Monday, May 20, 2013

Jack Remick – A Man Writes from a Woman’s Point of View

Is it possible for a man to write from a woman’s POV?  Well we are learning in the book club that it is possible.  However, we are questions if it is just Jack’s writing or if any male writer is able to write from a woman’s POV. 

A Man Writes from a Woman’s Point of View

by Jack Remick

Gabriela and The Widow is the third novel I’ve written with women protagonists. Early on, I worked out a post-apocalyptic novel called Citadel and later I came up with Lemon Custard. I got some static about Lemon Custard for not pulling a Nora Helmer (from A Doll’s House) and turning Olive, my protagonist, into some kind of liberation heroine. But Olive is a regular woman with kids trying to find a way to make it when the odds roll against her. Gabriela is a different kind of woman. She’s been hurt, displaced, damaged. Writing from her POV was a challenge.

I think that men are uneasy writing in a woman’s voice but I find it provoking and rewarding. The challenges are enormous because we’re always bugged by the limiting specter of American Realism in the literary novel: Write what you know. If you haven’t lived it, you can’t write about it.

This tells us that because I’m not a woman I can’t write either for women or about women. Realism is a trap I won’t fall into even when I get the question that drives me nuts: Did this really happen?

Look at me—I’m six feet tall, weigh 190, wear cowboy boots and ride a Harley. Do I look like a 19 year old Mexican woman? No, it didn’t happen to me and it’s not based on a “True Story”. This is fiction. I love to create good women who stand toe to toe with good men. Reality belongs in a memoir. In fiction, it’s about emotion.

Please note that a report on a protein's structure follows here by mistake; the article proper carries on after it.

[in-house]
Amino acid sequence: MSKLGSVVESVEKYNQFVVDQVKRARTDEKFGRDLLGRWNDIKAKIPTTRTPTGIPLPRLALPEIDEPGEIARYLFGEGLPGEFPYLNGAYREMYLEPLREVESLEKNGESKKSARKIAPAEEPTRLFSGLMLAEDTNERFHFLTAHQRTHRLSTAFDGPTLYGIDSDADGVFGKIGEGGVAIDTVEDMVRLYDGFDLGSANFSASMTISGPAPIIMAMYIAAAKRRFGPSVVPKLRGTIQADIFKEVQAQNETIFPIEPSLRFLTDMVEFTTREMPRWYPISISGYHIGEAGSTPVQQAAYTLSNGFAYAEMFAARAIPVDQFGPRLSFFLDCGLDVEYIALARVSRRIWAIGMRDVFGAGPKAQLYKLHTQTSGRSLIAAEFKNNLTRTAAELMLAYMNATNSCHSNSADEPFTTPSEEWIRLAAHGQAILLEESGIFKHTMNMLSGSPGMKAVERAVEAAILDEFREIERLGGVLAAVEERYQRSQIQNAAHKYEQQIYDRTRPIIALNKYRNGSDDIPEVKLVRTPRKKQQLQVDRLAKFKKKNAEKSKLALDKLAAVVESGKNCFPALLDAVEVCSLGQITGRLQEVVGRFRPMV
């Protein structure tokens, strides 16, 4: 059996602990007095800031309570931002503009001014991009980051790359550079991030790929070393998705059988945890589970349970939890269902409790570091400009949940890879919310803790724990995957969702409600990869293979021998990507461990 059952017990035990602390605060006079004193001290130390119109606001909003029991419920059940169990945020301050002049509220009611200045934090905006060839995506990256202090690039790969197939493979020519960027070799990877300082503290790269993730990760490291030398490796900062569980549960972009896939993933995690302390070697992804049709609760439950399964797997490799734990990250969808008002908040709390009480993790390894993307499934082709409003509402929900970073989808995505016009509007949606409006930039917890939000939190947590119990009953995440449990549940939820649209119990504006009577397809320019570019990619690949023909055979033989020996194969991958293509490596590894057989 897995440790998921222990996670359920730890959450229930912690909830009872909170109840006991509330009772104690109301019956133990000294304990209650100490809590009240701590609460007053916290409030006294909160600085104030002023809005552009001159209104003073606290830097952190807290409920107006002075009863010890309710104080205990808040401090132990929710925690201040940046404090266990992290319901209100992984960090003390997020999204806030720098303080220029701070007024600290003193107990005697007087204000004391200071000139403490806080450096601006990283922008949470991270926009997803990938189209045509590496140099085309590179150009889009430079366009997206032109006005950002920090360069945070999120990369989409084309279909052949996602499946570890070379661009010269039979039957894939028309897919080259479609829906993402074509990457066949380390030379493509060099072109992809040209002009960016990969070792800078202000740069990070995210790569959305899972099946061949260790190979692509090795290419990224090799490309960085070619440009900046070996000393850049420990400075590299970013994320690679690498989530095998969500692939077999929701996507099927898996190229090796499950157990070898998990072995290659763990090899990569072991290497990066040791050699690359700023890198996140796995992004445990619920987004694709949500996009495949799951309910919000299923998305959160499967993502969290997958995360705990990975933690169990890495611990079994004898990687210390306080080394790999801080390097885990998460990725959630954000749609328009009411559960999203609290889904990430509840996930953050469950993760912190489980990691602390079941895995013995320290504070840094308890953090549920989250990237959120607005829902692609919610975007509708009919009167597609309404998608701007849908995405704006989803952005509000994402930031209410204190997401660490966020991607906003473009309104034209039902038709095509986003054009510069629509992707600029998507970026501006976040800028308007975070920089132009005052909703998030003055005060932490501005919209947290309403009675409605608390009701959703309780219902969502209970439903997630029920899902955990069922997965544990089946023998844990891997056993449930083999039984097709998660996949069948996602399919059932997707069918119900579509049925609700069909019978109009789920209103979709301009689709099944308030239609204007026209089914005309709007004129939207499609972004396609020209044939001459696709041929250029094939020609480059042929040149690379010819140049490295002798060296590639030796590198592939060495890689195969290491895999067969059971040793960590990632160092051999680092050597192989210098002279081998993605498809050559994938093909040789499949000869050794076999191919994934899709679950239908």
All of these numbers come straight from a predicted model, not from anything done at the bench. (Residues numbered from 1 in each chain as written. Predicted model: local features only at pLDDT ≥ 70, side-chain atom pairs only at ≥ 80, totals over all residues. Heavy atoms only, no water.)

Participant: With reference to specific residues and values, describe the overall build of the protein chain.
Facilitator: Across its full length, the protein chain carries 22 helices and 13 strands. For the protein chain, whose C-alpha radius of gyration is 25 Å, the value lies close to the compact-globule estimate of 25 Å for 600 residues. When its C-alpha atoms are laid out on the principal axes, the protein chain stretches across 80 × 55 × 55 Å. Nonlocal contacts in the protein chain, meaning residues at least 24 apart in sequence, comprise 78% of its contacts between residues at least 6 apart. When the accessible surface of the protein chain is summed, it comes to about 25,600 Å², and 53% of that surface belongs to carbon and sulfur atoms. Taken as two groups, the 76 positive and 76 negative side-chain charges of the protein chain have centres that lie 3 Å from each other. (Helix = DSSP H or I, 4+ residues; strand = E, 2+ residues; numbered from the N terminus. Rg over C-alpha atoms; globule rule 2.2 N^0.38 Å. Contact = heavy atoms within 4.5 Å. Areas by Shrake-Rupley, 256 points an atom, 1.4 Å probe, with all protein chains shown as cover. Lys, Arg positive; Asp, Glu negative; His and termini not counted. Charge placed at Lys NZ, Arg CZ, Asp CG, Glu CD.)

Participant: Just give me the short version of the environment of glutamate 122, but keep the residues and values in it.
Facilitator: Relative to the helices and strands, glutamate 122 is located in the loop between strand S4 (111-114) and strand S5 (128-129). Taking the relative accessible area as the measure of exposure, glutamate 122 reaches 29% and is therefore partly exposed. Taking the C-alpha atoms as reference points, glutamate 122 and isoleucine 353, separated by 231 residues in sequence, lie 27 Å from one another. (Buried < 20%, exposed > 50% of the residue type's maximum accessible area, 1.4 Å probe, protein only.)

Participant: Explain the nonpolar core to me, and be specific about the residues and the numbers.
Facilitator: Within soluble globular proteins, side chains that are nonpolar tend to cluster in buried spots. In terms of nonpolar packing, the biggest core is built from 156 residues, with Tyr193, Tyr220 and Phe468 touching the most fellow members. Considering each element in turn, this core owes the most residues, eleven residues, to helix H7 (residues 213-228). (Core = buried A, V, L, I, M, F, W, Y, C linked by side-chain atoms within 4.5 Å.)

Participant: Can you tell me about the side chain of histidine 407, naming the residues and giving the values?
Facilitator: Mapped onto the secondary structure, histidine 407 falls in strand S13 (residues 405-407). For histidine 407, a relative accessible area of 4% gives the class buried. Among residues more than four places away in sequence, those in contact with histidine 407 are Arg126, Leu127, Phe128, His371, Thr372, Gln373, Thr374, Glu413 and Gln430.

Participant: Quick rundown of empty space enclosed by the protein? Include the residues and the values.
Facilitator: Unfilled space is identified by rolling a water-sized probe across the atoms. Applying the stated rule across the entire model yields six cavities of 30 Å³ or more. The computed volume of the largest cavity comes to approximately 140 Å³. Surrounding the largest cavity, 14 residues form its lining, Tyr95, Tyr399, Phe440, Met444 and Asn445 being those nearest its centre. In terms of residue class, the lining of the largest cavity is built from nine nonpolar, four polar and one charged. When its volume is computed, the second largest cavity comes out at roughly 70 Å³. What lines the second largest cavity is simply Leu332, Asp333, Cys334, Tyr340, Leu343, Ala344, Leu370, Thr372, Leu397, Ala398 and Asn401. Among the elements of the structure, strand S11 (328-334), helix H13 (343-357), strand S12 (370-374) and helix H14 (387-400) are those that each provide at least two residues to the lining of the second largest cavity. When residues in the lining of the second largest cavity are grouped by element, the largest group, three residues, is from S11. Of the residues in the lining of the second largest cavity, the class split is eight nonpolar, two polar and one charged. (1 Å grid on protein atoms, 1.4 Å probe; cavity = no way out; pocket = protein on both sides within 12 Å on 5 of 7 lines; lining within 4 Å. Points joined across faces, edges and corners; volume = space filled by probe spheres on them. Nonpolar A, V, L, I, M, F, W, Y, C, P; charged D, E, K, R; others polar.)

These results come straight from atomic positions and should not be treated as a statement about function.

Fear, Love, Anger, Grief, Joy, Surprise. If you want to write human characters and bring down everything we are onto the written page, and if you want to reach into the minds and senses of readers, you give the reader what the characters feel and project. Men feel fear. Women show surprise. Women get angry, men do too. We all have the same emotions. In writing, it’s reaction that gives you character and character has nothing to do with gender.


Blurb and Book Info:

Buy Now @ Amazon

Genre – Women’s Fiction

Rating – PG

More details about the author & the book

Connect with Jack Remick on Twitter




The Widow (La Viuda) is ninety-two years old. She lives in a house filled with photos and coins, jewels and a sable coat. Aware that her memory is failing but burning with desire to record the story of her life on paper, she hires Gabriela, a nineteen-year-old Mixteca from Mexico. Gabriela is one of the few survivors of a massacre and treacherous journey to El Norte. Gabriela and the Widow is a story of chaos, revenge, and change: death and love, love and sex, and sex and death. Gabriela seeks revenge for the destruction of her village. The Widow craves balance for the betrayals in her life. In the end, the Widow gives Gabriela the secret of immortality.

1 comment:

  1. Hello: for your readers who might like to connect the words to the writer, here's the url to me reading the opening to Gabriela and The Widow: